From left: Sisters Angela Ezugwu, Paulina Raymond and Joan Mukhwana, SSND, attend a session at the U.N. Commission on the Status of Women.
Tuesday, March 11
Sisters Paulina Raymond, of Micronesia; Angela Ezugwu, of Nigeria; and Joan Mukhwana, of Kenya, three members of the School Sisters of Notre Dame delegation attending the United Nations Commission on the Status of Women this week, bring an international perspective to the group.
They have attended the assembly of member states and listened to several Non-Governmental Organization (NGO) representatives discuss about how they have helped advance women's and girls' rights and the challenges they still have to overcome.
The representative from the delegation of Finland, for instance, said his country is working to provide quality healthcare to infants and children, regardless of their families' socio-economic status. In addition, a representative from Morocco shared how her country is working to improve prenatal care for women and to reduce maternal mortality rates. Speakers from France, Nigeria, Mali, the Bahamas, Uganda, and Korea expressed similar thoughts.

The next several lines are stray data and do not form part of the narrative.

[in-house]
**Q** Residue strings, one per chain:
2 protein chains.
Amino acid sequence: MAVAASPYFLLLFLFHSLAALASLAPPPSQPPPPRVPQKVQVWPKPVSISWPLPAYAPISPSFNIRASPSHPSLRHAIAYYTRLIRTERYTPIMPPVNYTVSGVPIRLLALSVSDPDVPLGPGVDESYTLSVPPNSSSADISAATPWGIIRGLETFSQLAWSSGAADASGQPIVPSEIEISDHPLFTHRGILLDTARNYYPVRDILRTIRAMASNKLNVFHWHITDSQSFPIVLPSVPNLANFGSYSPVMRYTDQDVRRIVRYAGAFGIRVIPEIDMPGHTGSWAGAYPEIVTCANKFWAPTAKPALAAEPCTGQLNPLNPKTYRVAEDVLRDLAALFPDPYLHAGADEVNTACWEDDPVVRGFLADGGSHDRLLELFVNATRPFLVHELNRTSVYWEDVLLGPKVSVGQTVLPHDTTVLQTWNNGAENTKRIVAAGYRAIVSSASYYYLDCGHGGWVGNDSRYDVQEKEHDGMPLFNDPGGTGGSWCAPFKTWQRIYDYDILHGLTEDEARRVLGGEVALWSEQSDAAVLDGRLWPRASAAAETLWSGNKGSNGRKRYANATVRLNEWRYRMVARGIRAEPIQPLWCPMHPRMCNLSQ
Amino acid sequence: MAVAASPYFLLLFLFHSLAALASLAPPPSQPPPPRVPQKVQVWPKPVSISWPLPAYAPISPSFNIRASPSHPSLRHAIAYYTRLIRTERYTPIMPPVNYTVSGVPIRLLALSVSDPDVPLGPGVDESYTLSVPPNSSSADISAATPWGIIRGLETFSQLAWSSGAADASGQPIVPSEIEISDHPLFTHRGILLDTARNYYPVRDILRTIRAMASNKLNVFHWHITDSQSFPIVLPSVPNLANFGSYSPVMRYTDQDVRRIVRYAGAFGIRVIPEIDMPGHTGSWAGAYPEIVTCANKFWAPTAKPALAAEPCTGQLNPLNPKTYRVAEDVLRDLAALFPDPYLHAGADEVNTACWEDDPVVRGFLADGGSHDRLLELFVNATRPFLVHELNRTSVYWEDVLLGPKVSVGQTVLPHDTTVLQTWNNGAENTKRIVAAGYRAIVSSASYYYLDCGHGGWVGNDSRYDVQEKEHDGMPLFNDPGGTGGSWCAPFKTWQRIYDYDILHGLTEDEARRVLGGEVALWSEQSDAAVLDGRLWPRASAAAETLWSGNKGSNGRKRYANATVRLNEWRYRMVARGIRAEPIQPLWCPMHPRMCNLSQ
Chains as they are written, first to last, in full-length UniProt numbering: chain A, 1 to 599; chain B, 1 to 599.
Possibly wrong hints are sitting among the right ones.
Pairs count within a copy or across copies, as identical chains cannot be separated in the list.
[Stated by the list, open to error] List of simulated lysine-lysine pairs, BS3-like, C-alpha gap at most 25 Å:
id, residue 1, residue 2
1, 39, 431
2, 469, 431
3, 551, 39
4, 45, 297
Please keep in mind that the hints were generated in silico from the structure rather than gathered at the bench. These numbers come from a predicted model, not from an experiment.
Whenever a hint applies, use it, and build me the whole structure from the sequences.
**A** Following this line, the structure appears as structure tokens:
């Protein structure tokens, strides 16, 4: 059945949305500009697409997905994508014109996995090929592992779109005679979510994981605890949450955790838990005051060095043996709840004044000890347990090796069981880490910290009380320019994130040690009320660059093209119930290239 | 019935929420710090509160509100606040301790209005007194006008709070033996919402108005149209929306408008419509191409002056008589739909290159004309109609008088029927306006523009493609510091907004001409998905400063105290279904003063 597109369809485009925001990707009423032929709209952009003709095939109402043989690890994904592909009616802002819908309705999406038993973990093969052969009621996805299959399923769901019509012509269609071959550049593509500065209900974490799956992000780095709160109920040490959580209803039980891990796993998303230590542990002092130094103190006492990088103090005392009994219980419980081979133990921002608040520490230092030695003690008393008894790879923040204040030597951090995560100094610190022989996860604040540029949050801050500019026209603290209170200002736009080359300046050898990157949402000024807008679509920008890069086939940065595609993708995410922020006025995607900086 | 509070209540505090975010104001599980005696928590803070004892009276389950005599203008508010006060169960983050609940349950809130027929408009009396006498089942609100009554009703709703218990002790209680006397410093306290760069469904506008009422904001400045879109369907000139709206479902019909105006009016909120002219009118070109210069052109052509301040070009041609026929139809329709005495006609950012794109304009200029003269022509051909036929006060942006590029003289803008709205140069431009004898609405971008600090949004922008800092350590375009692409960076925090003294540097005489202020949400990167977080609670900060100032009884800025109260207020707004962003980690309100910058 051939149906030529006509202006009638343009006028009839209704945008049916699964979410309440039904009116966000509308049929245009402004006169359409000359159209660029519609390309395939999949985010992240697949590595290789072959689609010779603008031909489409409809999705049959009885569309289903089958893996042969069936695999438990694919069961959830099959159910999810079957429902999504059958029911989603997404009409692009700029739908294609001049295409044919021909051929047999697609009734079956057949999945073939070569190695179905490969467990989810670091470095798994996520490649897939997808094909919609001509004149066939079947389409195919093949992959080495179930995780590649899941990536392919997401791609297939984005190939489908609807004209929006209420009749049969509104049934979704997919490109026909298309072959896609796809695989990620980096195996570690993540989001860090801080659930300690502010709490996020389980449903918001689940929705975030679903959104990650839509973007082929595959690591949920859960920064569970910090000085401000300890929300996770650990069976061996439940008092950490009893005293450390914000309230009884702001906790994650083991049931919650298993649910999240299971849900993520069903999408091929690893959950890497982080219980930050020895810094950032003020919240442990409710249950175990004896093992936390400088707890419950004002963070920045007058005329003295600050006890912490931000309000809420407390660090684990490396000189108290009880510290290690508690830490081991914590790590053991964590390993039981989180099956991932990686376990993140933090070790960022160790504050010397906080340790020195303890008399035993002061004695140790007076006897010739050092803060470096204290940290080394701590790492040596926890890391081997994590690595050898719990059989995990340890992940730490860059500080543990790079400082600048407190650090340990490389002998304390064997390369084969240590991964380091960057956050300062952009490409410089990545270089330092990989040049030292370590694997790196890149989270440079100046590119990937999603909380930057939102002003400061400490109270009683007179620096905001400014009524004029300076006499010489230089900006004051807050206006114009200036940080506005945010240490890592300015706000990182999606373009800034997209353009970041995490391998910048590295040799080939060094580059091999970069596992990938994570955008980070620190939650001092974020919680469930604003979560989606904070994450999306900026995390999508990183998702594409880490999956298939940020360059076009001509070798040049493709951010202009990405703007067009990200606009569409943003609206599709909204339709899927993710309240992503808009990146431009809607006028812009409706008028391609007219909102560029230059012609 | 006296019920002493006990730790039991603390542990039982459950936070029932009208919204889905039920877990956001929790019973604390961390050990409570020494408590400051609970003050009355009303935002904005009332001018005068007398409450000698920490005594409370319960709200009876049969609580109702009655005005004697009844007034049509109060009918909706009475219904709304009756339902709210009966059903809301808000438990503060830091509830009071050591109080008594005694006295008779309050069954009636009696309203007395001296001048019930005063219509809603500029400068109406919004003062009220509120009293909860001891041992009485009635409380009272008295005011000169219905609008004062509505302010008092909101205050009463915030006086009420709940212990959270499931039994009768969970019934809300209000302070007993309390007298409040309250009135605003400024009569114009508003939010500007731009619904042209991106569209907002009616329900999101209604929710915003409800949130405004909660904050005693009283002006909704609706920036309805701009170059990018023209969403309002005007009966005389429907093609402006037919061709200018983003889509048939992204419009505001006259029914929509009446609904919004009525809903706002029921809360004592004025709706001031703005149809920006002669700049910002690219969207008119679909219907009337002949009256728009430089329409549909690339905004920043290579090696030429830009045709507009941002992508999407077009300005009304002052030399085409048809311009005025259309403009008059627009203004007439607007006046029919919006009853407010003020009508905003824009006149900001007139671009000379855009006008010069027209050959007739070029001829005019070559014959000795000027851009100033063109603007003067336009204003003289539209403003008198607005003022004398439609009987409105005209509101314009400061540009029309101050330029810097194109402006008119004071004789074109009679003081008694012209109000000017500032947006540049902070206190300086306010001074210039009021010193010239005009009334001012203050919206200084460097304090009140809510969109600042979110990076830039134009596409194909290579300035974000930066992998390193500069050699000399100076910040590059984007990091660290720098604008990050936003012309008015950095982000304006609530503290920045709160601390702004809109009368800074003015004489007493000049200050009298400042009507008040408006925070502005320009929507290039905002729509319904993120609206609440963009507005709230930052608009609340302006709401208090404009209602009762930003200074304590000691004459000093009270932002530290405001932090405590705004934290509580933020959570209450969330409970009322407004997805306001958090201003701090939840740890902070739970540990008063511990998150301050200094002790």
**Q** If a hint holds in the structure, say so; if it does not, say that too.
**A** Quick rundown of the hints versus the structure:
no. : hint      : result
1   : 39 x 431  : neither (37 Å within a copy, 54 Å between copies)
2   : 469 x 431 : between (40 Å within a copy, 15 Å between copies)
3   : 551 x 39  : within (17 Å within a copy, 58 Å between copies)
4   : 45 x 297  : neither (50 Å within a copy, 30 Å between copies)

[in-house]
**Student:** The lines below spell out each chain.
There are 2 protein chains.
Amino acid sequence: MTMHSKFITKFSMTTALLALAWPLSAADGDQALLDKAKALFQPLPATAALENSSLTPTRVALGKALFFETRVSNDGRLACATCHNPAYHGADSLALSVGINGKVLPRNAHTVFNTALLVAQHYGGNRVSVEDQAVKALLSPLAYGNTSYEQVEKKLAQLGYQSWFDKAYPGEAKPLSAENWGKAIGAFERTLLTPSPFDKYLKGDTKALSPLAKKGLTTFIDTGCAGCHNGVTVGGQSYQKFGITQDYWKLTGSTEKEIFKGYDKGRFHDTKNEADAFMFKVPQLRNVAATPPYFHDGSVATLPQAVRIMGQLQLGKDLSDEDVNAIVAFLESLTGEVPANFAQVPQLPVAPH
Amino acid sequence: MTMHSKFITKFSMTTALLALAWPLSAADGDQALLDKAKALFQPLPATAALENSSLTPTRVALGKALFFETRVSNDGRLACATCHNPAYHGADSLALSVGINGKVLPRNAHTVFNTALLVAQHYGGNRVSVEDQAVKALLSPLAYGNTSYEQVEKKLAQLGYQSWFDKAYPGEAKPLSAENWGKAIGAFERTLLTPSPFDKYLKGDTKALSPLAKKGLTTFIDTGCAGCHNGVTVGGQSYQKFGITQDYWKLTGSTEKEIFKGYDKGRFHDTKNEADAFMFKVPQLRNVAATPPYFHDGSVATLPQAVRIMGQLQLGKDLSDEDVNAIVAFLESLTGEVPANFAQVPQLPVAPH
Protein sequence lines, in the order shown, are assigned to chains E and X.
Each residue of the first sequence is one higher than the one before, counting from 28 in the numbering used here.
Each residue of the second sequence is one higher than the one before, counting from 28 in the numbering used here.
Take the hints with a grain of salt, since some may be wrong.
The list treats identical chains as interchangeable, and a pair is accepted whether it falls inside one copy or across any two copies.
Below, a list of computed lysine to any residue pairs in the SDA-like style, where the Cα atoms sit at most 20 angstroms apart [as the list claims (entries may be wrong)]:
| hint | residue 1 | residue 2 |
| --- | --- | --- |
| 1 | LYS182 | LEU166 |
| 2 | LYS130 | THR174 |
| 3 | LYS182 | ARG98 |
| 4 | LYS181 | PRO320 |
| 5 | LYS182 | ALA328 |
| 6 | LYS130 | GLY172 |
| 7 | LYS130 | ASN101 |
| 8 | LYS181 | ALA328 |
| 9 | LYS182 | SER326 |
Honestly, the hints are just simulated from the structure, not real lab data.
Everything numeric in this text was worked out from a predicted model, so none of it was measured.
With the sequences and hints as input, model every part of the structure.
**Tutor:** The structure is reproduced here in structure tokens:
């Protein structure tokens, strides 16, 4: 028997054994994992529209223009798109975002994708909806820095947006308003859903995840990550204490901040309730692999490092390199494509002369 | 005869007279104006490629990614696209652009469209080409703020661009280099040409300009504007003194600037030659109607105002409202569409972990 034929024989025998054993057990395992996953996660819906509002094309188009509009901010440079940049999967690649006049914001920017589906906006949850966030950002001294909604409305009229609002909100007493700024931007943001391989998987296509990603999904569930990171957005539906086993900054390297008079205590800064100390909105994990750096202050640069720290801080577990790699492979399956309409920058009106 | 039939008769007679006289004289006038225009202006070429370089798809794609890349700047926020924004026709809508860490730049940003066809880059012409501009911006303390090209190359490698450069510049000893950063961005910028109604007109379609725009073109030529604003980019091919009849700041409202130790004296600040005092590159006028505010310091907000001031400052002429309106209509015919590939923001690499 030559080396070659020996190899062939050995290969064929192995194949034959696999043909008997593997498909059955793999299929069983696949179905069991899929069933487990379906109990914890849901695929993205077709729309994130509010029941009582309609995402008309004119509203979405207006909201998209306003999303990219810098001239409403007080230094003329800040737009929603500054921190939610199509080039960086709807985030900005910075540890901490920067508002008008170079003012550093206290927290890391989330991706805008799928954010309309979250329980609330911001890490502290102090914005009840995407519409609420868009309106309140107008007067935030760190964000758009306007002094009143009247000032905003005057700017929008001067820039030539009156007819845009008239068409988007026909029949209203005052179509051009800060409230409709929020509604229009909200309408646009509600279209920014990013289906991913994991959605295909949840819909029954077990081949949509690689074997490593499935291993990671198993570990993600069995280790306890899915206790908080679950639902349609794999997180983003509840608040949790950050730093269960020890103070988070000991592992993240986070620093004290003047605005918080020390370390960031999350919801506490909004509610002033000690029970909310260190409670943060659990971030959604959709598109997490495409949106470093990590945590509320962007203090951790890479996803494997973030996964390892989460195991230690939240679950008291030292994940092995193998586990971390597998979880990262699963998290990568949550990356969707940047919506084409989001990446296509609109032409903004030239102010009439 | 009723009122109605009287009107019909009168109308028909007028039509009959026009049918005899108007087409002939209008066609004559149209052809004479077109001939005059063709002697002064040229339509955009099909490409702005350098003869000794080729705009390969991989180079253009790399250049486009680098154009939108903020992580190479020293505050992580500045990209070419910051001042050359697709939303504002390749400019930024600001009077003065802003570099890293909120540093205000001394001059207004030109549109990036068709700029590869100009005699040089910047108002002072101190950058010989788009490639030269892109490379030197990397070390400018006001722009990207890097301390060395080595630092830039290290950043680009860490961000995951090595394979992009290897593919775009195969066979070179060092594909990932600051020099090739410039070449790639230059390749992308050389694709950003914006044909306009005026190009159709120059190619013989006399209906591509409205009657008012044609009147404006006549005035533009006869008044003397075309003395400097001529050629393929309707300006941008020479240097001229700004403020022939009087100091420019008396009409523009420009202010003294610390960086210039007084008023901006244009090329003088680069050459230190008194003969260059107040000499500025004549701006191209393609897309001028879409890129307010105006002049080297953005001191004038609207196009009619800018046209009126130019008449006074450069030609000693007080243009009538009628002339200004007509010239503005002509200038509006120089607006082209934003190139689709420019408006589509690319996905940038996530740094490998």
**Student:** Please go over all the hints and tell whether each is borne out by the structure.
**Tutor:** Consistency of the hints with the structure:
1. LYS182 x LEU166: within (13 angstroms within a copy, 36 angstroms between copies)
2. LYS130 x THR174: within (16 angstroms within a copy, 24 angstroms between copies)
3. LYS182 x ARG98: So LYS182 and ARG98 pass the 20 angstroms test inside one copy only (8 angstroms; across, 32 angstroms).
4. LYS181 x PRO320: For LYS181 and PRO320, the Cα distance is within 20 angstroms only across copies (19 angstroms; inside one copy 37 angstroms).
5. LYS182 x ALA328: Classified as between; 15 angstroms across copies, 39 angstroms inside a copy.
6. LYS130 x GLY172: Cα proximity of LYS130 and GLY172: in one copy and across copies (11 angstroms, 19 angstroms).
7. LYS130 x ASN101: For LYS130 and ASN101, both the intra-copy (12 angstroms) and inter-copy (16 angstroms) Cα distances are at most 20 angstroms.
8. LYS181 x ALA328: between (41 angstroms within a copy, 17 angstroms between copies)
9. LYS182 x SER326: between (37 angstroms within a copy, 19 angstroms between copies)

The delegates also attended sessions on climate change and sustainability and the benefits of providing girls with training in the STEM fields of science, technology, engineering and mathematics.
Efforts in Africa
"This is a good opportunity for me to be at the U.N., especially today … to listen to the different delegates from different countries present their achievements, challenges, and their hopes for the MDGs (Millennium Development Goals)," said Sister Joan, a graduate student in creative writing at Mount Mary University in Milwaukee.
She heard reports from Nigeria, South Africa, Mali, Lesotho, Uganda, and Ghana and said that she is glad that many of the countries are creating legislation to ensure gender equality and criminalize gender-based violence.
"I was glad that I listened to seven or eight countries from Africa,” said Sister Joan, who is a native of Kenya. "We need to make legislation that helps us push through this.”
Sister Joan intends to share her experiences and knowledge with the girls and boys she will teach when she returns to Kenya. In particular, she wants to teach them to believe in themselves.
"We need to stop promoting those things that divide us or keep women on the lower level,” Sister Joan said. “I'm convinced I need to talk to girls more and teach them to do their best, to follow their dreams."
Perspective from Micronesia
Sister Paulina, a native of Micronesia, said that the information from the delegates of the Asia-Pacific region resonated with her. Two points that were particularly clear were the need for gender equality and reinforcement of law. She also is interested in how climate change affects women and girls.
"It's very educational for me personally to learn those things that I never thought of,” Sister Paulina said. “I think going back home I will use this information about protecting women, especially for girls, and it will be very helpful and important."
By Machan Bowman